Spring is in the air! A new season is a great time to start a new hobby or pick up an old favorite. Hobbies, especially for seniors and retirees, provide an important source of activity, socialization, and enjoyment that improve quality of life and also have lasting benefits on mobility and cognitive function.
Looking to get outdoors with your friends and family this spring? Try one of these six outdoor activities.
Hiking is popular past time, however, as we get older, a long hike can be especially taxing on our bodies, and uneven and inclined paths can be dangerous. But you can still get a healthy dose of nature and exercise with trail walking.
There are plenty of well-kept and paved trails in the Midwest, from local parks to county, state, and national trails that are perfect for exploring with your friends and family. Or, take some time for yourself and enjoy a walk alone to experience the sounds and sights of nature.
Gardening is a fun way to get hands-on with nature, and spring is a great season for planting. Traditional gardening can be physically demanding, but container gardening is a less intensive way to grow all kinds of plants. From tiny succulents in your window sill to large planters on your patio, you can still enjoy gardening as a senior.
If you’re an experienced gardener, try growing plants from seeds for a bit of an extra challenge. Or if you like to cook, try growing fruits, vegetables, and herbs for fresh ingredients to add to your meals.
Spring is a great time to get into birdwatching as different kinds of birds migrate back north for the warmer months. Grab your binoculars and search the trees of your backyard, or head out to a local park or wildlife preserve to find even more birds. Birdwatching is a fun way to see your favorite outdoor places in a new way or find new ones to explore.
Connect with an area birdwatching group and make some new friends, or take the grandkids out to get them excited about nature. You’ll be surprised by all the kinds of birds and wildlife you can find in your neighborhood!
Landscape Painting or Drawing
If you’re more of a creative type, you could try out landscape painting and drawing this spring. Spring is a fun season for painting because of all the blooming flowers and abundant wildlife. You’ll have plenty of bright colors to play with!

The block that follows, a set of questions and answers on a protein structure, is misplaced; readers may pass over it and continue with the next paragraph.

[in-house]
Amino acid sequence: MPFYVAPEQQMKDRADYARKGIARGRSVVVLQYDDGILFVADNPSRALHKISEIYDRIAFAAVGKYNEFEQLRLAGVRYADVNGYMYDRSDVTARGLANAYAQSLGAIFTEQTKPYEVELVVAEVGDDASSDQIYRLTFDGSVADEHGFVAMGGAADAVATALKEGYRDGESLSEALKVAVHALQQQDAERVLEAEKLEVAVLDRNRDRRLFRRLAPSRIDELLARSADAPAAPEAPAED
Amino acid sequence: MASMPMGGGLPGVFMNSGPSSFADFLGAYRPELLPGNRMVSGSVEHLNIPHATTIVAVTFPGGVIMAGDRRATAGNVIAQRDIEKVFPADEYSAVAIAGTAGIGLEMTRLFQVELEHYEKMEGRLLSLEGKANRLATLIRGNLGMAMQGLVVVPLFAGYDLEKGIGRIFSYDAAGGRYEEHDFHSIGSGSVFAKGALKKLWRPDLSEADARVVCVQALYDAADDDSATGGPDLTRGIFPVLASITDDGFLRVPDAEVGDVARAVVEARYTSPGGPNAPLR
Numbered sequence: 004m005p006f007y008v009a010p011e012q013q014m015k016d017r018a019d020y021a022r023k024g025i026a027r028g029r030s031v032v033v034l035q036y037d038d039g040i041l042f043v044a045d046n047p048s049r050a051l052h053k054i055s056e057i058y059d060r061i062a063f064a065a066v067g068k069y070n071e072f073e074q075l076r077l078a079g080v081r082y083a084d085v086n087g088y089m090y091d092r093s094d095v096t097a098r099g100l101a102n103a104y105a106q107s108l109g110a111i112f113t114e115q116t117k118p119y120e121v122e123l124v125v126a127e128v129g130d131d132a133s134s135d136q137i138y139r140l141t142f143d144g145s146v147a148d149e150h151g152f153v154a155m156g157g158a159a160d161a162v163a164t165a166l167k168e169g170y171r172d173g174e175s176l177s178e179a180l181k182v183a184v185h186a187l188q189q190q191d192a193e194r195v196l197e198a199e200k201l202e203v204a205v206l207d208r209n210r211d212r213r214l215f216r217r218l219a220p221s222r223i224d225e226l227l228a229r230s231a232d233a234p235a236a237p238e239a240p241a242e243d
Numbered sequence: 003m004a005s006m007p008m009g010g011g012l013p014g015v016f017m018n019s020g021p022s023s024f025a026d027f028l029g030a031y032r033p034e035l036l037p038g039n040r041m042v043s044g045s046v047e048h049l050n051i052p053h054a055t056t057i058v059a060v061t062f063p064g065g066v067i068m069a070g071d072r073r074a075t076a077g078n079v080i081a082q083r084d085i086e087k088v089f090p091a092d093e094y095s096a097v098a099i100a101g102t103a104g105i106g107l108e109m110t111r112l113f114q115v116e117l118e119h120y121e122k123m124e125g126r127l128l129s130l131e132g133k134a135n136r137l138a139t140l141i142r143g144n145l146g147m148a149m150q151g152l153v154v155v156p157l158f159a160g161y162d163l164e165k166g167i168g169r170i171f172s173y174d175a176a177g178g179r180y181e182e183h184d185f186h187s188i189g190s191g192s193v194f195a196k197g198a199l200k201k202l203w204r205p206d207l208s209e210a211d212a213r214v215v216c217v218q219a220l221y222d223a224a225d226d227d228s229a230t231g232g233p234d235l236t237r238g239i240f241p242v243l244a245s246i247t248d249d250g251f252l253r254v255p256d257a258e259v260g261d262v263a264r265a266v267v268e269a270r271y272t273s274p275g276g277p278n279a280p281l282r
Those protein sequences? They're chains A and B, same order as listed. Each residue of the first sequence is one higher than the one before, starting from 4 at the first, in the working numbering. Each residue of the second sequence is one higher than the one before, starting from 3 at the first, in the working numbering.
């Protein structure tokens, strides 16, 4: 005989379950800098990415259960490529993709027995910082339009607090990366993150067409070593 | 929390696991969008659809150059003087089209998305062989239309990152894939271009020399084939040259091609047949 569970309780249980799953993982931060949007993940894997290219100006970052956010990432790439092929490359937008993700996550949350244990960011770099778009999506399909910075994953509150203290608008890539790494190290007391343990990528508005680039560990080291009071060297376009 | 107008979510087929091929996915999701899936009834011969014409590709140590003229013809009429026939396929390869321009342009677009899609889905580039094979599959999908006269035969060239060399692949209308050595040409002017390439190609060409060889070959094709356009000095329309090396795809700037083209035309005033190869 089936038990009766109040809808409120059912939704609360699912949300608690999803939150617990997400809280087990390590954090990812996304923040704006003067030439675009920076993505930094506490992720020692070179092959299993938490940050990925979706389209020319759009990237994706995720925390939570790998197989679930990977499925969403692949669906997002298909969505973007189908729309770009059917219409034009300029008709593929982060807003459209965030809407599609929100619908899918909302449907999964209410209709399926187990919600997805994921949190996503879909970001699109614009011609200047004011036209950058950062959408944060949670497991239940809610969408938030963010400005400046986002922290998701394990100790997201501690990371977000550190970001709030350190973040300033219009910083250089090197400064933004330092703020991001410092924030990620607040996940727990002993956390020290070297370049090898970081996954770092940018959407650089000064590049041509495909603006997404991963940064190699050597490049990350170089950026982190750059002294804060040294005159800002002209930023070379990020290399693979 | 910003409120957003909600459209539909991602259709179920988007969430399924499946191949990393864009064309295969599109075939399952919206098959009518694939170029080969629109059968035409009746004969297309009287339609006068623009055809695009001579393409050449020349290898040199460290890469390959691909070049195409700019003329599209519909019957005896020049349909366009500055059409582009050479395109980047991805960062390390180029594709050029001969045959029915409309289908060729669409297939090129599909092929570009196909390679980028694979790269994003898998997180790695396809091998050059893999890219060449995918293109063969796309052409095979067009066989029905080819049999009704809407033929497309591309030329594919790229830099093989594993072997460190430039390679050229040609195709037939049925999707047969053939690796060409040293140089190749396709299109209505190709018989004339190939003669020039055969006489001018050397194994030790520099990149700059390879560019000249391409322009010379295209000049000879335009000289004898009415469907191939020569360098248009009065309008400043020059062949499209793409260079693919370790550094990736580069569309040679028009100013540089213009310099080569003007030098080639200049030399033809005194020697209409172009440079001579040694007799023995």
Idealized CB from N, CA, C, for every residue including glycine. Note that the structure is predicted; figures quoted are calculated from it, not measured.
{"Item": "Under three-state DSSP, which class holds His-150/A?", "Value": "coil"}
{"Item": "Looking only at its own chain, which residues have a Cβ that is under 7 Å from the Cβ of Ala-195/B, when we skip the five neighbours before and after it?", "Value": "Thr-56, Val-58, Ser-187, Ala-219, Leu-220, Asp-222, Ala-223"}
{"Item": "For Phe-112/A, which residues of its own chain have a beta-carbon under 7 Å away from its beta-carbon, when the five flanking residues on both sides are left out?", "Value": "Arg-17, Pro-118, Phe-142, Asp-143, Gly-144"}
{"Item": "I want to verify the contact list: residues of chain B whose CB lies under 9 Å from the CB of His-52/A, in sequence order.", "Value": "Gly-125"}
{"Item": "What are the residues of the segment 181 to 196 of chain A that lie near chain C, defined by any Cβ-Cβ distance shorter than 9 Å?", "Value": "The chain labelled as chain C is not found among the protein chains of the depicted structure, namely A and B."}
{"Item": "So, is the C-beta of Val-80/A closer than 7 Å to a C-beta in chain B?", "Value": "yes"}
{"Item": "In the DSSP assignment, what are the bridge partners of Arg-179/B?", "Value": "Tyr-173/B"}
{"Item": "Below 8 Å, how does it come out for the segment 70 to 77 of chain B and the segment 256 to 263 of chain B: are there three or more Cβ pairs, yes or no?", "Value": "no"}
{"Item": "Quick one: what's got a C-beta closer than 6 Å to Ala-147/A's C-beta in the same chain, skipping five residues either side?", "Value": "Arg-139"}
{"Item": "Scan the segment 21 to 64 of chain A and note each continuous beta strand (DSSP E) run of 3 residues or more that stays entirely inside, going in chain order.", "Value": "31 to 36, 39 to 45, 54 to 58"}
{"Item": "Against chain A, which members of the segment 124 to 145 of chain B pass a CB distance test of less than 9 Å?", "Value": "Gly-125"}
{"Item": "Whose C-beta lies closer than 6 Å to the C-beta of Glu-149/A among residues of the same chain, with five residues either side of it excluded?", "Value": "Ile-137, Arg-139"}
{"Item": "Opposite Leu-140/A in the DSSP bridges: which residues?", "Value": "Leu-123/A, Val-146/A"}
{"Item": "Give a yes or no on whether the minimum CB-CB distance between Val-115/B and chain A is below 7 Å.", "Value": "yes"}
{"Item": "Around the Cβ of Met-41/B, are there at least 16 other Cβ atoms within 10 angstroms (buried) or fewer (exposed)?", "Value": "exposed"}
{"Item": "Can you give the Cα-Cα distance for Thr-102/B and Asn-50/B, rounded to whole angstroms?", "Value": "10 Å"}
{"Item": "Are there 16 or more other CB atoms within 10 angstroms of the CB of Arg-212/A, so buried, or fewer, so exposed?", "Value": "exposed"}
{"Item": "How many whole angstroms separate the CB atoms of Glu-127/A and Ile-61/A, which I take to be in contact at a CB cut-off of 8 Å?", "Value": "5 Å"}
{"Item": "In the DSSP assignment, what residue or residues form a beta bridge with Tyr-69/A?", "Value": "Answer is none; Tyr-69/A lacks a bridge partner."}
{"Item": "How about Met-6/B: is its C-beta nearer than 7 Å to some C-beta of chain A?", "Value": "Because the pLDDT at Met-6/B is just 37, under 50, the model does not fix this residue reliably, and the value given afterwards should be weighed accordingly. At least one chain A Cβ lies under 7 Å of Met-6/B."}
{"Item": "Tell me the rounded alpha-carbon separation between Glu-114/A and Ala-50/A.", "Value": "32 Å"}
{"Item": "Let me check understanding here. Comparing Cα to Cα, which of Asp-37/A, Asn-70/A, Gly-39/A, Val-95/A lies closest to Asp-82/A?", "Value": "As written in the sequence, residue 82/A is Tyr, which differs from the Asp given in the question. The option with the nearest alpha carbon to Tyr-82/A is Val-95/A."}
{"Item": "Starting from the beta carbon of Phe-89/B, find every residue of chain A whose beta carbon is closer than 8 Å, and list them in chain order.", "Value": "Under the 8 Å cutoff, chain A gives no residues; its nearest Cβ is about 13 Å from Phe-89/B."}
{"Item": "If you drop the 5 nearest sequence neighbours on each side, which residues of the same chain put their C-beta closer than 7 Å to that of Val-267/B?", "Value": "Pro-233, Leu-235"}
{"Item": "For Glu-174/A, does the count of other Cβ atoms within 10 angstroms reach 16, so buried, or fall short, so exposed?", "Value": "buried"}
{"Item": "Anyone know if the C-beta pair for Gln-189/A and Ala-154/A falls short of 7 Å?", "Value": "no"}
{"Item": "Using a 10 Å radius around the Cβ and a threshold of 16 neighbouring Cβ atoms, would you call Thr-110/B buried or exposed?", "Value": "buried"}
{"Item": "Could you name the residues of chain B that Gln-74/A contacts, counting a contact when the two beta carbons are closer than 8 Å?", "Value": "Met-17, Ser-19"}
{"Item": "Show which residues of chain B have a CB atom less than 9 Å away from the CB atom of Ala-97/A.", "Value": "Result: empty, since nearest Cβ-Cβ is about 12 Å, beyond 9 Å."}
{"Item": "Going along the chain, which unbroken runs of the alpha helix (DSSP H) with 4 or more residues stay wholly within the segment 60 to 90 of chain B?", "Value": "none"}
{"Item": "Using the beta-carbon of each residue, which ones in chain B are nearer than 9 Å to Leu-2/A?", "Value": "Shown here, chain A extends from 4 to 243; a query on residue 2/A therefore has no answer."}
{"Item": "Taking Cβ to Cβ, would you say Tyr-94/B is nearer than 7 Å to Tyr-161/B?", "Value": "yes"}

You can set up an easel in your backyard or take a sketchbook to your local park. If you’re a beginner, local community centers often offer art classes to get a hang of the basics and connect with other budding artists.
If you’re looking for something to get your heart pumping, pickleball is a great sport for seniors. Pickleball is a paddle sport that combines elements of tennis, badminton, and table tennis. This game is played with two to four players and uses the dimensions of a badminton court, a large paddle similar to a table tennis paddle, and a ball a little smaller than a wiffle ball.
This sport is great for seniors because the smaller court and closer play style is less impactful on the body than traditional tennis. And you can still get great cardiovascular activity from playing pickleball!
Outdoor Yoga or Tai Chi
Yoga and tai chi are great exercises for building core strength, balance, and flexibility. You can do these workouts any time of year, but spring is a great time to join a class or get a group of friends to practice outside.
Plenty of yoga and tai chi flows are designed for relaxation, so practicing outside can add an extra element of relaxation. The color green is thought to relieve stress, and sunshine and fresh air can feel rejuvenating, especially after winter.
Precautions for Outdoor Activity
Spring is a great time for getting outside to exercise or just to shake off some lingering winter blues, but seniors should take a few extra precautions when planning outdoor activities:
- Always wear and reapply sunscreen throughout the day to avoid sunburn
- Bring a bottle of water to stay hydrated
- Make sure your cell phone or smartphone is fully charged before you leave
If you’re going out alone, call or text someone you trust where you’ll be and how long you plan to be there. This could be an adult child, a friend, or a neighbor. This way, in case of an emergency, someone knows where you are.
Springtime is often associated with new beginnings, and it’s never too late to start something new! Take this spring as an opportunity to try a new hobby, learn a new skill, or make new friends.